Convertible Notes: The Pre-Money Conversion Method

Convertible Notes: The Pre-Money Conversion Method 

When the time comes for you to convert your convertible note, you need to have a full understanding of the different conversion methods to be able to negotiate better terms with the investor.

To recap, a convertible note is a form of short-term debt that later converts into equity.

Its primary advantage is that it does not force the founder or the investor to determine the value of the company, especially at times when the company may still be an idea.

That valuation will usually be determined during your next equity round, most likely your seed or series A financing round, which triggers the conversion of the note from debt to equity.

So how exactly does the conversion happen? What basis and factors should be taken into account?

There are 3 different calculation methods to calculate the price per share to which a note converts at, each differing in the variable being fixed: the Pre-Money Method, Percentage-Ownership Method and the Dollar Invested Method.

Let’s focus on the first methodology: The pre-money method.

In this method, the pre-money valuation, or the company valuation that is determined during your equity round before receiving any financing, is the variable that gets fixed.

This allows you to calculate the price per share, which in turn helps you find the number of shares the convertible note holder and the new investor will eventually receive.

Let’s say you own 1 million shares in your company and you issued a $500,000 convertible note, with an agreed on 30%-discount rate upon conversion, with no interest rate or cap value to simplify the calculations.

After a year or two, you raise a Series A round of funding – $1 million from a new investor and your pre-money valuation was estimated to be around $10 million dollars.

So the question is, how many new shares will you need to issue for each, the investor and the note holder?

This method first finds the price per share by dividing the fixed variable (or your pre-money valuation) by the initial number of shares. In our case, we divide $10M by 1 million shares which results in $10 as the price per share.

Now that we have the price per share, we can calculate the number of shares, both the new investor and the convertible note holder will receive.

This new investor will receive shares for the value of $1 million - their initial investment - divided by the price per share we just calculated which is $10, to receive 100,000 shares.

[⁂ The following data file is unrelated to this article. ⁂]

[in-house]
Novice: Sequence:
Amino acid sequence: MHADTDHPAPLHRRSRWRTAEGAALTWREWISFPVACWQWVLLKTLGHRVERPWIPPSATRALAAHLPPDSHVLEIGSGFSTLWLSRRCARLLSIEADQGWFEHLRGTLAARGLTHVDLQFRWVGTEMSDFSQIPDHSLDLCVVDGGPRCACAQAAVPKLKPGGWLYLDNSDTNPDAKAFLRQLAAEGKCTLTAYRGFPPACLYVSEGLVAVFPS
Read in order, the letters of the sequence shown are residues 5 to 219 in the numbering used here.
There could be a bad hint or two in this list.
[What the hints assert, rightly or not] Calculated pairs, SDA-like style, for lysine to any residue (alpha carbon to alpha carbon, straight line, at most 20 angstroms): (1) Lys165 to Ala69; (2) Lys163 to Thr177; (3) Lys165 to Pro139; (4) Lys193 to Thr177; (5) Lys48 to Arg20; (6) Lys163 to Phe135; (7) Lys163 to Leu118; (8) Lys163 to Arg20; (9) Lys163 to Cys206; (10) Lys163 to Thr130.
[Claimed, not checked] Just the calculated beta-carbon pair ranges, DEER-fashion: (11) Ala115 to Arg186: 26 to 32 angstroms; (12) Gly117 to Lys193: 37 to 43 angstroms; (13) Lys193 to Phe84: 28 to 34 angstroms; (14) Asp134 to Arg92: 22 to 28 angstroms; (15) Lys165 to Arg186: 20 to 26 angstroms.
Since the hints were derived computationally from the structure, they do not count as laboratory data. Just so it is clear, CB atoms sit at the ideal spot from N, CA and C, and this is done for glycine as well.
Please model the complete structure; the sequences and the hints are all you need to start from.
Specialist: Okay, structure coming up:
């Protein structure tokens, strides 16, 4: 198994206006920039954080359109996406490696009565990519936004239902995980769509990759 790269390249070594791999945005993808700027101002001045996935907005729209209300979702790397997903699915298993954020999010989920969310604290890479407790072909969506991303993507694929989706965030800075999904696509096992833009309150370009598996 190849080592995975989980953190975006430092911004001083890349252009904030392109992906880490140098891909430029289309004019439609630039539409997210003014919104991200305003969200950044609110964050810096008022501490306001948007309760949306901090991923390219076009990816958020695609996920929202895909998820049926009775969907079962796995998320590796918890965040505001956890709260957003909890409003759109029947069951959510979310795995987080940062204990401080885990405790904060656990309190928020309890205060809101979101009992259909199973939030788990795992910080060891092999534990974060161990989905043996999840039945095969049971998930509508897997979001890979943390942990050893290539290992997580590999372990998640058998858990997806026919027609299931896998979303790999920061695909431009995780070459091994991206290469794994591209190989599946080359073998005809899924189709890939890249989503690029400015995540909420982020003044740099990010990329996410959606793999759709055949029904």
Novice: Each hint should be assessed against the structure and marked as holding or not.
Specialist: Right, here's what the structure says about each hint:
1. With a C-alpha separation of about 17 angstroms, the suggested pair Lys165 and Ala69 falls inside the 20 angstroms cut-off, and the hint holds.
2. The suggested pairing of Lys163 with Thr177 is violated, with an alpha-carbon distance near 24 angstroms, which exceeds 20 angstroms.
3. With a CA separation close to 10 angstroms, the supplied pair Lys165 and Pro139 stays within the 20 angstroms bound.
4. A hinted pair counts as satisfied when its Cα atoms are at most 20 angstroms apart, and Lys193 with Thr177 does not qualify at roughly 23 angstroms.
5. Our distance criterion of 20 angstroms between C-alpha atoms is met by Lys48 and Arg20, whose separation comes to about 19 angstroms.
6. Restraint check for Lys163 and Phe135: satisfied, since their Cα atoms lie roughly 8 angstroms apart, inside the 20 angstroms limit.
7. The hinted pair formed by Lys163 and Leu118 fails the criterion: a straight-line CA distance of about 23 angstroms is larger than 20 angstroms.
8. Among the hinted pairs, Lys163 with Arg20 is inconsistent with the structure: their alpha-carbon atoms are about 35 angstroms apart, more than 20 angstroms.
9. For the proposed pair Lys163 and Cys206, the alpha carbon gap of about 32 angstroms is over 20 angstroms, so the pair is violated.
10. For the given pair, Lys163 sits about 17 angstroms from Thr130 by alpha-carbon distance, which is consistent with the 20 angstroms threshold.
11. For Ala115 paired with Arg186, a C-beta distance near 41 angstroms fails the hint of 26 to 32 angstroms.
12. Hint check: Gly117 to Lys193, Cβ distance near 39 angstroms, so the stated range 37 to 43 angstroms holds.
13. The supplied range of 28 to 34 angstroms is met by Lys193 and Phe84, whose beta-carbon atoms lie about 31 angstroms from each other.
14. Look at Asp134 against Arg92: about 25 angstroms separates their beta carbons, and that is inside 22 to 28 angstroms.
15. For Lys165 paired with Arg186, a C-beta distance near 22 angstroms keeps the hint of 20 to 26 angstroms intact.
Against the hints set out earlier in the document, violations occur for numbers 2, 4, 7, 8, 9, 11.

For the convertible note holder, the same calculation applies but we need to take a pre-agreed discount rate into consideration.

In this case, the price per share would therefore be equivalent to the actual price per share with a 30% discount applied, or $10 multiplied by 0.7 resulting in $7 dollars per share. 

The note holder will receive the equivalent of $500,000 - the money they initially lent - divided by the DISCOUNTED price per share we just calculated which is $7.

This translates to about 71,428 shares, many more shares than the 50,000 shares they would have received had they been regular investors instead of noteholders 

Now, you, the founder, will still own 1 Million shares, while the investor will now own 100,000 shares and the note holder will own 71,428 shares.

In total, your company will now have 1,171,428 shares.

By dividing the number of shares for each shareholder by the total number of shares, you can calculate the ownership percentage allocated

to the founder: 85.4%

to the Investor: 8.5%

to the Note Holder: 6.1%

As explained, the pre-money method is one of the three methods you can use to convert the convertible note debt into equity.

Some investors prefer to use the Percentage-Ownership Method or the Dollar Invested Method instead, since the pre-money method is advantageous toward the founder and it is usually hard to convince investors to use this method, since it results in a higher ownership percentage for the company owner.

Check out the Hub to learn more about the other two methods.

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